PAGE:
Create a routine with healthy habits. If working remotely, allocate enough time to exercise, eat breakfast, take a break, etc. so you do not feel burnt out too quickly. Get organized by setting up your calendar, monthly meetings, and to-do lists. Be open-minded and receptive to those taking the time to help you. Be a better listener than a speaker during your first month.
During your first 60 days, accomplish a task. Review your business objectives within your department and discuss specific metrics with your colleagues to contribute to your skills. After 60 days, you want to be comfortable having other colleagues jump in and contribute where applicable, and they want to feel the same. Understand how your department communicates internally and externally. By now, you should have a good understanding of how your department’s processes and systems work. Continue to familiarize yourself with new applications and ask your colleagues how to navigate more effectively within these applications.
Collaborate with colleagues in different departments to gain a stronger network and become a familiar face. Understanding how other departments operate will allow for more cohesive results across our organization. Schedule a meeting after 60 days to discuss your progress and goals with your manager or internal team.
Make an impact. Now is the time to add value to your company. You should have all the skills, resources, and connections to deliver assignments that make an impact within your department. Whatever goals you have set for yourself should be specific to help your internal team. Ensure you are continuing to deliver with specific metrics on how you attain your goals. Make another meeting with your manager to review your progress. Ask what you should continue to do and inquire about the things you could do differently/ more efficiently. If you are a manager, ask your team for feedback on what you can do differently/ keep doing.
Most likely, after the first 90 days, you will plan out the trajectory of your next six months within the company. Now is the time to plan for your long-term goals and plan for areas you want to contribute/ grow. Your previous goals will align with your daily habits, routine, and day-to-day that will help you succeed in continuing to make an impact.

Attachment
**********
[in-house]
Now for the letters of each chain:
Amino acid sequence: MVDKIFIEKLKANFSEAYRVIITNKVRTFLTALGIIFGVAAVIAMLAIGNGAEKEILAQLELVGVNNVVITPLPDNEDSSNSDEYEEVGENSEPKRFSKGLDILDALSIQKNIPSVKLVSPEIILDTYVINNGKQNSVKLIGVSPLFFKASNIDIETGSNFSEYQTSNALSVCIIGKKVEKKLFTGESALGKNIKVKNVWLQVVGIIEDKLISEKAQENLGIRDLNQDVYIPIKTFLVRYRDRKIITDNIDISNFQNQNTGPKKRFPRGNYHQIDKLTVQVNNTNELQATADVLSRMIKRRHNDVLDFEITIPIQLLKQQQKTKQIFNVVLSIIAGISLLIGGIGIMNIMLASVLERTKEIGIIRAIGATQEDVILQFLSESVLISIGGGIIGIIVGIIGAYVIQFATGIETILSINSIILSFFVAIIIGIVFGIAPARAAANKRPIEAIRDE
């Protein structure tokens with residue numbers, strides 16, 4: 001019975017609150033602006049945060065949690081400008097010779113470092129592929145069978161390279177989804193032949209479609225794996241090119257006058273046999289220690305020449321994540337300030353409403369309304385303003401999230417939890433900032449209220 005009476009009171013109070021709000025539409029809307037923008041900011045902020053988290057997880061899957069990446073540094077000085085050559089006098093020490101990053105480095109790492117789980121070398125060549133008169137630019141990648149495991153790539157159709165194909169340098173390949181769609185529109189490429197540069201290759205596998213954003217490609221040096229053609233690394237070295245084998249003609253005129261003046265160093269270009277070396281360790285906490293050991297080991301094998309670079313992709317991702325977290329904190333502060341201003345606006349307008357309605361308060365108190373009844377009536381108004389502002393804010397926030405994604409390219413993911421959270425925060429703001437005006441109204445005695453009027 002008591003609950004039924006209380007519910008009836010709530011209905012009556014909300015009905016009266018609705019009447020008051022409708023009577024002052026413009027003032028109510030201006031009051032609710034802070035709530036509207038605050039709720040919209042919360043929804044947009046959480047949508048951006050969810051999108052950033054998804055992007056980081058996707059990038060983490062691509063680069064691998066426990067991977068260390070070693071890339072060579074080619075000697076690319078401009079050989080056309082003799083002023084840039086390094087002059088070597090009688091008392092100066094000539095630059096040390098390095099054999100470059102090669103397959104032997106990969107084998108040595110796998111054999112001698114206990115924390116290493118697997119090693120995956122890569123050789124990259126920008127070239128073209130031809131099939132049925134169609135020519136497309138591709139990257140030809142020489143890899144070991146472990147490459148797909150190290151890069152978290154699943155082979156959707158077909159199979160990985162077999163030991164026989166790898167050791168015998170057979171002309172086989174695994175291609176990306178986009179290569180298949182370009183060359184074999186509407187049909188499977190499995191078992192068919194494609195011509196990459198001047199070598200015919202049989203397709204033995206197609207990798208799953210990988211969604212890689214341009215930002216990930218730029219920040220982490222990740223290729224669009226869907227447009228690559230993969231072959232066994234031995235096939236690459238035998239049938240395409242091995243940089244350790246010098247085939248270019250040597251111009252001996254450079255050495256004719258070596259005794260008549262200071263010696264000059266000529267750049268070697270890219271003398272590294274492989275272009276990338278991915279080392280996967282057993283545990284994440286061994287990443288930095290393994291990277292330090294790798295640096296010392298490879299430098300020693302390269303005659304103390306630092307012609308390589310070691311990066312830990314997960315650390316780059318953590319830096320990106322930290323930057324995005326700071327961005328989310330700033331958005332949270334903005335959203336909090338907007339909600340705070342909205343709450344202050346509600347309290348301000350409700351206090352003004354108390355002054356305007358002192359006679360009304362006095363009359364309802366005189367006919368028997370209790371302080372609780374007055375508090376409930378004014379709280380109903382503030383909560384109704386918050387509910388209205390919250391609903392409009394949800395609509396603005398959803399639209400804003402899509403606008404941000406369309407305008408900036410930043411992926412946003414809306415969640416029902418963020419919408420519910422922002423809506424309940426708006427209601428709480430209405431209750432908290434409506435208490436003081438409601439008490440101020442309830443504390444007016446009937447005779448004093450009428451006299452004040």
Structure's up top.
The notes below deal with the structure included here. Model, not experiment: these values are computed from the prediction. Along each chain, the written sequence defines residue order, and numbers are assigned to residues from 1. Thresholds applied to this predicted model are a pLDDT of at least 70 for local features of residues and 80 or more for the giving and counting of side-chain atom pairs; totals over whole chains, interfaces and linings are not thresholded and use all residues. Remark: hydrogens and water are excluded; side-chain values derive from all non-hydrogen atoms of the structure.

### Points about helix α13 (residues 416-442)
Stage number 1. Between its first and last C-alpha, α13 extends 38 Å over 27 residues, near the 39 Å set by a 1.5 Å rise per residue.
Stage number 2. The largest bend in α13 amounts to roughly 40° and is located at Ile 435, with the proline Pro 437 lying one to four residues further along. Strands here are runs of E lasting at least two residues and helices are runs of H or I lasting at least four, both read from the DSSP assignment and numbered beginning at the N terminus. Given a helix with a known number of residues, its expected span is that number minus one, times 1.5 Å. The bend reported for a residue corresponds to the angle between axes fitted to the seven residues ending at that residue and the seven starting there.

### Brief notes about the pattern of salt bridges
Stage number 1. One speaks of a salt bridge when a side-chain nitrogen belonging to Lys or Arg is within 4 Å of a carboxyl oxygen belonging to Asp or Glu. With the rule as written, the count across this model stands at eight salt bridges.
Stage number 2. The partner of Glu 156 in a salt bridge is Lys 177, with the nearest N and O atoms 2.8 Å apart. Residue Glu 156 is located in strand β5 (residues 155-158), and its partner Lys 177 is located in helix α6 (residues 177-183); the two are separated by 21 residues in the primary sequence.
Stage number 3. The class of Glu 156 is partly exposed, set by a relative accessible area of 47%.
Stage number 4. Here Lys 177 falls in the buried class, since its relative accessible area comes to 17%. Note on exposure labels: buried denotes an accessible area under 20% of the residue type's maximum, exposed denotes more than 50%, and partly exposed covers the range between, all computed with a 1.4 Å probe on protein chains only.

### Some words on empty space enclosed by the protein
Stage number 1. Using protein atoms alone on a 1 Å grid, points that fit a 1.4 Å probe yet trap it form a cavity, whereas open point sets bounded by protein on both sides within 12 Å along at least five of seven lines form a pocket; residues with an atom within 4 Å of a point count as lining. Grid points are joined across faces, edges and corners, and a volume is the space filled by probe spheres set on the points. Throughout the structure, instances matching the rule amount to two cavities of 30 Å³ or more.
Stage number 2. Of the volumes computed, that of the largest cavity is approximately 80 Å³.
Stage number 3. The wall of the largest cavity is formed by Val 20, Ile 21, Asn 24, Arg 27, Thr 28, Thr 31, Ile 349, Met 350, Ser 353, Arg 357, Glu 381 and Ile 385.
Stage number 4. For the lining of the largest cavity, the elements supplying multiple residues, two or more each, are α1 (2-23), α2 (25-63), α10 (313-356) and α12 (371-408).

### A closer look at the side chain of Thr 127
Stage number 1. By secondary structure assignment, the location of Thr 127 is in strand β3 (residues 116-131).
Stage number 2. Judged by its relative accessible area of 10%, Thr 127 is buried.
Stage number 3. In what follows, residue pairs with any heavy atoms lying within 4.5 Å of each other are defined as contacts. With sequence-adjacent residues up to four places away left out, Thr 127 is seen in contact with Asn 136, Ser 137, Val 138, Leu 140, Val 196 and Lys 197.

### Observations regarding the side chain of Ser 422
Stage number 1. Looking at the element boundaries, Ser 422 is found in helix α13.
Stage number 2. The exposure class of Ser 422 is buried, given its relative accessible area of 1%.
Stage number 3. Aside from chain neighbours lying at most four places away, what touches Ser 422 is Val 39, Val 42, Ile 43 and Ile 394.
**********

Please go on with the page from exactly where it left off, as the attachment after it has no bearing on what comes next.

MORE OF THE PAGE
Not For Me
You have been working at your new job, have become accustomed to the culture, and know it’s not for you. You recognize various red flags and know you are not going to be happy working here for long. It is best to acknowledge why you are not happy in your position, and quickly move on. Don’t run at the first sign of a challenge but communicate with your manager or HR (depending on the issue) what you feel like you could do to solve the issue. It is a common thought that jumping ship after a few weeks is unprofessional, but it is up to your discretion. Decide how long you could be unemployed with your financial situation. Continue looking for other positions and if you move further into another company’s hiring process, notify your manager, and express why you are looking for other positions.
It is best for both you and the company to openly communicate your concerns. If you are not happy and know it is not for you, don’t stay because you feel stuck. It is best to know what you do not like about this position, to find one you enjoy. Staying for the sake of a salary is not going to motivate you in the long run. Know your limits, respect your own boundaries, and find what works best for you. If you’re struggling in a new position, let me know. We can talk through the issues and help create a plan of action to navigate the situation without burning bridges.